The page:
‘Never!’ Sarah screamed as she ran towards the door. Ants were still pouring out of the phone as it hung from the wall. The now million-strong swarm of ants was slowly spreading across the floor of the house, roiling in its shiny blackness.

Sarah fumbled with her keys as she reached for the doorknob. But instead of grasping its cold metal solidness, her hand plunged through the doorknob, which disintegrated into another disguised mass of ants.

‘No!’ The ants were crawling all over her hand. Panicking, she blindly swung her hand against the wall. Once. Twice. Three times. The ants were crushed, or thrown away by the force. Ignoring both her pain and the last few ants, she backed up a few paces and ran against the door, savagely battering it with her shoulder. The door flew open and she ran out of the house, the swarm of ants following behind her. She sprinted towards her car, eyes filling with tears of fright as she pulled the door open, scrambled in, and locked it. She turned the ignition and the car sprung to life with a reassuring growl. Flooring the accelerator, Sarah was pushed back as the car roared and shot down the street, leaving the house of ants far, far behind.

Sarah fearfully looked back. Nothing was following her. She felt a brief moment of relief. The road was long and straight, and the ants had been left far behind her. She flicked on the radio as she sped down the Pacific Highway’s welcoming stretches of asphalt. Only static came from the radio. Her brow furrowed. Strange. Triple J must be down. She hit the button for preset 2. Again, only static. With a terrible feeling of dread she pressed the third, fourth and fifth buttons, but nothing. Nothing except static. She looked down, and, as she knew was inevitable, saw a dozen ants slowly crawling out of the radio’s speaker vents.

Something in her broke. She screamed again in terrible fear. The steering wheel dissolved into ants beneath her grip. More ants poured through the radio. The glove compartment burst open under the pressure of a thousand ants. They crawled out through the air-conditioner vents and marched towards her. She slammed on the brakes and reached for the door, but it wouldn’t open. The light grew dim as ants covered the windscreen and windows. She was still yelling, but the ants had used this opportunity to crawl into her mouth. Gagging in fear and pain she buckled over as her vision went black and –

Sarah woke up gasping for air. She’d been having the most peculiar dream. Its details were already slipping her mind, leaving nothing but a vague sense of unease. Something about… animals? Bugs? Whatever they were, they had several more legs than she.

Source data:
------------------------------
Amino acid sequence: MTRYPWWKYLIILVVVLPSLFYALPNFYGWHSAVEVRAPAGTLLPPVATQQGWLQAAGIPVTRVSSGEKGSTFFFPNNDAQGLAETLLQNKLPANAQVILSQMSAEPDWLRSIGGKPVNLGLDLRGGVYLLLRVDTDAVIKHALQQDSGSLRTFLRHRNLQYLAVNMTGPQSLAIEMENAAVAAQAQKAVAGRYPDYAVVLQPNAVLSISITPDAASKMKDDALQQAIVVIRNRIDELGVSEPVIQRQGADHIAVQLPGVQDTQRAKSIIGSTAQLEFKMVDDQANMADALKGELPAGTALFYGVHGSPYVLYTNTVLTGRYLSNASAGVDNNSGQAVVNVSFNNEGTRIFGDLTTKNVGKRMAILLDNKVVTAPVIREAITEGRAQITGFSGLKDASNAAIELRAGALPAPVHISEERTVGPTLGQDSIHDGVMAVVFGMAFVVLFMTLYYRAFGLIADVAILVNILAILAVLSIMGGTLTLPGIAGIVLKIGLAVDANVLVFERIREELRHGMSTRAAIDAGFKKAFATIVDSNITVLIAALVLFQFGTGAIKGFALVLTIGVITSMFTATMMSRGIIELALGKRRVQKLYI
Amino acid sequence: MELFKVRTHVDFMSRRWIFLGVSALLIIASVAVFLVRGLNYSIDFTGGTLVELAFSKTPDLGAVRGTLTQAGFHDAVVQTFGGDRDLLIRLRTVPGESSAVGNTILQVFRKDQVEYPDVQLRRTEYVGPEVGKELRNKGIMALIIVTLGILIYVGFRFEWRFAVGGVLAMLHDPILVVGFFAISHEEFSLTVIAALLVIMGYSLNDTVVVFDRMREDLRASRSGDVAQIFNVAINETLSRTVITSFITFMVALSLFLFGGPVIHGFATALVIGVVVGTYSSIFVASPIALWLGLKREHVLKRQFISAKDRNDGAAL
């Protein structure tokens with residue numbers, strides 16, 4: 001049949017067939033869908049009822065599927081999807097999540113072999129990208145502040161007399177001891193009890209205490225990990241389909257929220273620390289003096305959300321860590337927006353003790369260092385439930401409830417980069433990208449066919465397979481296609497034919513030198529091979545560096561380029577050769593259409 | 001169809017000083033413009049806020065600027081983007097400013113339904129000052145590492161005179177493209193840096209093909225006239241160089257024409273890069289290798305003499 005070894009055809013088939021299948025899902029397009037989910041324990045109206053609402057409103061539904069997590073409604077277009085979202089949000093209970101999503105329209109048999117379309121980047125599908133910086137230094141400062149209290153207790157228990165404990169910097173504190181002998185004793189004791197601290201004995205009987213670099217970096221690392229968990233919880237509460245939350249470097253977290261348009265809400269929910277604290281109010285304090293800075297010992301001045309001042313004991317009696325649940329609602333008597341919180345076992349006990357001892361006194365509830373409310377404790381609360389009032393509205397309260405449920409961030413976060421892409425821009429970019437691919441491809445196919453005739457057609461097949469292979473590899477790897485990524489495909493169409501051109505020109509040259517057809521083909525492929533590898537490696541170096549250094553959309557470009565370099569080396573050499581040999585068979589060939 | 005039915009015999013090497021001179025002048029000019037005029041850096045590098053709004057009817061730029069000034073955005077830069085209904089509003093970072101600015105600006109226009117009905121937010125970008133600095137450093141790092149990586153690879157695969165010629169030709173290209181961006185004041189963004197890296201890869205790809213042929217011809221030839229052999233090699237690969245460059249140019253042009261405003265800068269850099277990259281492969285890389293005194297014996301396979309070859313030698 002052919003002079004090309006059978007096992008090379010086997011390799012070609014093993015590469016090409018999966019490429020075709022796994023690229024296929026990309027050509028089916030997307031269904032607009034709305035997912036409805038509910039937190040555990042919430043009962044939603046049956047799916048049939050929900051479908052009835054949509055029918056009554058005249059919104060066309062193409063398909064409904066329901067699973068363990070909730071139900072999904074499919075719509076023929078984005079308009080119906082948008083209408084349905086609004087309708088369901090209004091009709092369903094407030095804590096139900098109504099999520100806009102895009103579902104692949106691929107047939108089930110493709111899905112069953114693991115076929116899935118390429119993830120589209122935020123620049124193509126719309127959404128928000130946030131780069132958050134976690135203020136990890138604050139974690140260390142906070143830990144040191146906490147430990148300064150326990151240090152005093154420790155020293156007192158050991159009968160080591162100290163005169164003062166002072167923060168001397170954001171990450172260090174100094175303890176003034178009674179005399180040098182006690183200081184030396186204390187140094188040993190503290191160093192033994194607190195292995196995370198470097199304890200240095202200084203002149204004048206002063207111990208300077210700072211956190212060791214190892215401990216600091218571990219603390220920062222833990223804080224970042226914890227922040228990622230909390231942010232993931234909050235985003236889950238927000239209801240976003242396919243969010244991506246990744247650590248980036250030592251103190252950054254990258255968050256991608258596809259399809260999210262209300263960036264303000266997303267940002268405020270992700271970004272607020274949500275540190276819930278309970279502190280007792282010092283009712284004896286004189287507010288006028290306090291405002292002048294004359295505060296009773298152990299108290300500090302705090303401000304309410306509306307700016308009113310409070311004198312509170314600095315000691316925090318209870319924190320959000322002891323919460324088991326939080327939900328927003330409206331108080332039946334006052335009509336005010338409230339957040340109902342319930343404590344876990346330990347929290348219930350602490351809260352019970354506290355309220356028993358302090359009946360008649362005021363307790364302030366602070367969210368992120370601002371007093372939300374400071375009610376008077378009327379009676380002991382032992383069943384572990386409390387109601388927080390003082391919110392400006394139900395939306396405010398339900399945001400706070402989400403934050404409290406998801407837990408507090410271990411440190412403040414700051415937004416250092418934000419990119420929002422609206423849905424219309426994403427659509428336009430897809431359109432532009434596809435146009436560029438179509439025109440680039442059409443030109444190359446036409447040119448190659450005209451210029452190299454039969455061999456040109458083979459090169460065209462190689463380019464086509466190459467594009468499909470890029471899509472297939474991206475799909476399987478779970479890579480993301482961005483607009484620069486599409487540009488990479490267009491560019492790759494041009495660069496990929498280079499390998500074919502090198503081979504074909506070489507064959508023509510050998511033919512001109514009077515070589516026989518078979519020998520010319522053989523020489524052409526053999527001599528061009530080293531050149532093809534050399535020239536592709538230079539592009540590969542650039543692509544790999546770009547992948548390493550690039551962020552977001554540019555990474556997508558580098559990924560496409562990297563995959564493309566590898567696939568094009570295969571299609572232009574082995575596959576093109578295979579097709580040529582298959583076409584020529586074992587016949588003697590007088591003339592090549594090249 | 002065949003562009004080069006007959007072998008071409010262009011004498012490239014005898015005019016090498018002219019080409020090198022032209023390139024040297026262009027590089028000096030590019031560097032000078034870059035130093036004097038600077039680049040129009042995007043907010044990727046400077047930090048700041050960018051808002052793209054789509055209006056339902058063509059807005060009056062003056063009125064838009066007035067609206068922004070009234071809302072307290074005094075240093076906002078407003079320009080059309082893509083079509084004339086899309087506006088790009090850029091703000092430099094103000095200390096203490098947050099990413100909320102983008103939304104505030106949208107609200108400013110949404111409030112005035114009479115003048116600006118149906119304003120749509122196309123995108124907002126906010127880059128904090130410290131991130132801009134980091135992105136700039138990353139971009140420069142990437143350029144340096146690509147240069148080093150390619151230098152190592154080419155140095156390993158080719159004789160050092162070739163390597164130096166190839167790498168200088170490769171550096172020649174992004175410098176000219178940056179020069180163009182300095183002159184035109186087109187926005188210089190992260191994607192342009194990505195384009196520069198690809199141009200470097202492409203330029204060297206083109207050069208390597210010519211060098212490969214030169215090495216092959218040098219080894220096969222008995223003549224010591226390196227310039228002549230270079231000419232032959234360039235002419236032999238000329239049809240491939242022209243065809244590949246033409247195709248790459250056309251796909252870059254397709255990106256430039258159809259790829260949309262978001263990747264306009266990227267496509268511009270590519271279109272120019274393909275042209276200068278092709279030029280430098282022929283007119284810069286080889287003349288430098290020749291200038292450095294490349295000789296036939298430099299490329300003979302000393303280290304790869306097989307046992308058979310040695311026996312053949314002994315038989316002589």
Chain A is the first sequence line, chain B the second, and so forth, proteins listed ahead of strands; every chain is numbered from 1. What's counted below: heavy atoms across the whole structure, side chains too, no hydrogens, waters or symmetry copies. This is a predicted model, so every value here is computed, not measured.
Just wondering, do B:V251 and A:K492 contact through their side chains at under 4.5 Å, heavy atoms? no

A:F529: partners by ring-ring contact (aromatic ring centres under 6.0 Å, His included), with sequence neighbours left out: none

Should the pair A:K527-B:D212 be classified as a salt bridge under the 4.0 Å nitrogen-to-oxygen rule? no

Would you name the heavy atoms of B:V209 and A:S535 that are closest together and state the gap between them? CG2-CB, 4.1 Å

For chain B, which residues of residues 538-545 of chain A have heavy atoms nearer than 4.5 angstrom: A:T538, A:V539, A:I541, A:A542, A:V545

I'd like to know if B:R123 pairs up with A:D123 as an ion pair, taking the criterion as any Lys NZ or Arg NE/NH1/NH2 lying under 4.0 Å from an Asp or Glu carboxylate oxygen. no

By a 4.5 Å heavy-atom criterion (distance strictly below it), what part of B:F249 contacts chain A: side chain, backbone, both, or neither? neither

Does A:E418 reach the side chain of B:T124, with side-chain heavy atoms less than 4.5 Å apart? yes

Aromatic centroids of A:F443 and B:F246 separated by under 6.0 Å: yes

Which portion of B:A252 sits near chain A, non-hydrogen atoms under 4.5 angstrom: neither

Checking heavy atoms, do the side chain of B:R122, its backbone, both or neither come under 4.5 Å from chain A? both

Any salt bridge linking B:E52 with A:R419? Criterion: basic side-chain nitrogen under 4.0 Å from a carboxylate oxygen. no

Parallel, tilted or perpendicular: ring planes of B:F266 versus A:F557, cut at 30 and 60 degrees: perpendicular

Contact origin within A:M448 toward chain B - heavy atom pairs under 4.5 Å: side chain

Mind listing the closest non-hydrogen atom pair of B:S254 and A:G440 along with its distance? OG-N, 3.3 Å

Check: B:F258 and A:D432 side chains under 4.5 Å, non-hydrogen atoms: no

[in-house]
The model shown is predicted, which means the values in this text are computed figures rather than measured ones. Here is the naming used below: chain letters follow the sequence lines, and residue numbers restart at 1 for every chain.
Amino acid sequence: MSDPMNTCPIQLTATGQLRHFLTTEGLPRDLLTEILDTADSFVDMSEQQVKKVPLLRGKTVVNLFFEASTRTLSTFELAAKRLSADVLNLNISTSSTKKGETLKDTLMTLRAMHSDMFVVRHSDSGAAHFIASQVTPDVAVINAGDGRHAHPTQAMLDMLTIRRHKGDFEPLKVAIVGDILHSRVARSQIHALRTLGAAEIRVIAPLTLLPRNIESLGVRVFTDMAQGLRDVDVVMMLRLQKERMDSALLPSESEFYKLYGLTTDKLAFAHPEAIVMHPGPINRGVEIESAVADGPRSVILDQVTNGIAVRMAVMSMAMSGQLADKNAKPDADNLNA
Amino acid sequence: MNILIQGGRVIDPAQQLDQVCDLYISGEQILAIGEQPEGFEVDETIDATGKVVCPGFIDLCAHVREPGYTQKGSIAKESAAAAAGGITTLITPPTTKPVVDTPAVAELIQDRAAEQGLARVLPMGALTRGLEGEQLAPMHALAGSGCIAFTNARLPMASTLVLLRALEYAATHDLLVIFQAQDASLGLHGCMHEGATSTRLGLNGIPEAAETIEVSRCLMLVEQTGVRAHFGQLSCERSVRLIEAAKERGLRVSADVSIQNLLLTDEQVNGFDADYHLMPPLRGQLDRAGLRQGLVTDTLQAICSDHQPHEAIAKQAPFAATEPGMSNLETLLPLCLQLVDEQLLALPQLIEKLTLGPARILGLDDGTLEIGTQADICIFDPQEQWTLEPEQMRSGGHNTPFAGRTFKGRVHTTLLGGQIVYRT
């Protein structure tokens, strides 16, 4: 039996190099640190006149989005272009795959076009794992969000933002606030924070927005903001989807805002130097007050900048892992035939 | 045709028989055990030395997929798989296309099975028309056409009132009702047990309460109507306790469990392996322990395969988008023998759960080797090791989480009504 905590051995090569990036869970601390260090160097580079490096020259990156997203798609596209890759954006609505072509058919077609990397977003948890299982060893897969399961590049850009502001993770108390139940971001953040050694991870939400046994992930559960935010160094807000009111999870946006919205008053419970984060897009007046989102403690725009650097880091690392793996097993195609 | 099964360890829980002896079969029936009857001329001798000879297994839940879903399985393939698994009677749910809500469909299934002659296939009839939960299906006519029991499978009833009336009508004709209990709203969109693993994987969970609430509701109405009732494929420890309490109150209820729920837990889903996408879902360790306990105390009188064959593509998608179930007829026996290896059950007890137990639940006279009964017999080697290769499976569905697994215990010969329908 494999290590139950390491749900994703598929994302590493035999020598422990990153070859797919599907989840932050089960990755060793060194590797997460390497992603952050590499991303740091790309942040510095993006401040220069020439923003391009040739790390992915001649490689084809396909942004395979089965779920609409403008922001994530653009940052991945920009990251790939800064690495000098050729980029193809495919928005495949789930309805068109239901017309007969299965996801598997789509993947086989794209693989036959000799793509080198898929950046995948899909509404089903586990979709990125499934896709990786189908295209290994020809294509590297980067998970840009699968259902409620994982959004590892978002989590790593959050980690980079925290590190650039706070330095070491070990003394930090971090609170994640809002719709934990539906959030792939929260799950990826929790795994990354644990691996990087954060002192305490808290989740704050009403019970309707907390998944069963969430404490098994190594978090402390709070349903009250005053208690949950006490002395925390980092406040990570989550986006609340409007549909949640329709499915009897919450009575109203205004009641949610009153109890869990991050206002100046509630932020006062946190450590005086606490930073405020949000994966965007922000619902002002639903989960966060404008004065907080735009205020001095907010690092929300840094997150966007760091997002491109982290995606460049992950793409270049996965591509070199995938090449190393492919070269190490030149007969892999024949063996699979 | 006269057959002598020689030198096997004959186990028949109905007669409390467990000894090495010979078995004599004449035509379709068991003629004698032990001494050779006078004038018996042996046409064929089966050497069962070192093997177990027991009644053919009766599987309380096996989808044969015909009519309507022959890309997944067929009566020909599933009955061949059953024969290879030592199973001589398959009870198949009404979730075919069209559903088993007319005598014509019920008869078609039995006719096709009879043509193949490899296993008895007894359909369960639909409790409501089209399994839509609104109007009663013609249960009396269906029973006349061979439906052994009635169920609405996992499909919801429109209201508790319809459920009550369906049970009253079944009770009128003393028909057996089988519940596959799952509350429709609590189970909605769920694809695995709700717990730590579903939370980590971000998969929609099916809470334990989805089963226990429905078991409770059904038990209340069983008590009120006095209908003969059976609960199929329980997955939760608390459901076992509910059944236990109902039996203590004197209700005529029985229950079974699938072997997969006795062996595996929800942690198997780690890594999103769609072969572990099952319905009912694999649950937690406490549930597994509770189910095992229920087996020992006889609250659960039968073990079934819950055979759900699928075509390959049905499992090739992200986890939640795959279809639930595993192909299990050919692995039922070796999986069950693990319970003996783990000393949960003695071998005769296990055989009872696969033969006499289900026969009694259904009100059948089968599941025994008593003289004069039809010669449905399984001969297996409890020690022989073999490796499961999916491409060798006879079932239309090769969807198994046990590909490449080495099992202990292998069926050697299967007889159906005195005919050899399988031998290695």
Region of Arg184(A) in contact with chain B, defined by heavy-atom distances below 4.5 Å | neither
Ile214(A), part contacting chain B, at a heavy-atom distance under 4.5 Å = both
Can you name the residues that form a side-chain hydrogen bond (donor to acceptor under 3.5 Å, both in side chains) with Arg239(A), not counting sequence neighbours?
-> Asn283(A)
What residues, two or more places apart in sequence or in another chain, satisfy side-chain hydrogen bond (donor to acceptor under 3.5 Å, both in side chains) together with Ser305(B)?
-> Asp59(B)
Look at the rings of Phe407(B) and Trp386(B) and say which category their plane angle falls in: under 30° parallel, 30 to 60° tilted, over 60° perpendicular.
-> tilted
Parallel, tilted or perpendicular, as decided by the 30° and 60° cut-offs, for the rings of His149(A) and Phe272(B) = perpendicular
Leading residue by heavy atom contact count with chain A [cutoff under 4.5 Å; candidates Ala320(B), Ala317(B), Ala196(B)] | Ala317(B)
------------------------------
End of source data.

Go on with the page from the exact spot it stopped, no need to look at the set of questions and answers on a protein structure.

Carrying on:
Her limbs flailed within the white bed sheets as an orderly ran over to help her up. This wasn’t her bedroom. Where was she? Everything was white, like some sort of hospital. The orderly wiped sweat from her brow and took a clipboard from her bedside table.

‘Sarah Browning?’ he said, his brown eyes examining the monitor above her bed. She looked back, too shocked for words.

‘Welcome back. You’ve been out for a few days now. You seem to have suffered some kind of stress attack midway through your exam period, and became delirious. We think you’ve had a fever of some sort, which broke a few hours ago. It’s good to see you awake again.’

She looked around, taking in the new surroundings as the sound of rain falling on the rooftop rolled around her. It all came flooding back to her — the biology exams, the endless weeks spent hunched over insect anatomy diagrams and branches of the evolutionary tree…

‘Oh, uh… thank you. It’s good to be awake,’ she said slowly, brushing sleep from her eyes and struggling to sit up in her bed.

‘Just take it easy. We’re going to keep you here for a few more days while you get your strength back,’ he spoke over the rainfall. ‘Could I just get you to sign this form?’

She took the pen from his hands, and they sat without talking while she filled in her details and wrote her signature. ‘Nice bout of rain we’ve got,’ she offered, as the sound of drops hitting the roof kept its steady pitter-patter.

He looked back at her and put his hand on her brow. ‘It’s… it’s not raining,’ he said, pointing to the golden sunlight streaming through the open window.

She froze in fear. ‘Then… what’s that sound?’ she said, as both slowly raised their eyes to the rooftop, their gaze filling with dread.

The pitter-patter crescendoed; became thunder. The roof began to shake. Chips of plaster crumbled and fell. A single frozen second, and then the roof fell in under the weight of billions of ants. Billions, trillions — no, far more. The walls disintegrated into ants, the table disintegrated into ants — the bed, floor and heart monitor all dissolved into ants, and Sarah and the orderly were left clinging to each other in terror as the world went black around them –

I write fiction and code. Australian moved to Austin, Texas.

I write fiction and code. Australian moved to Austin, Texas.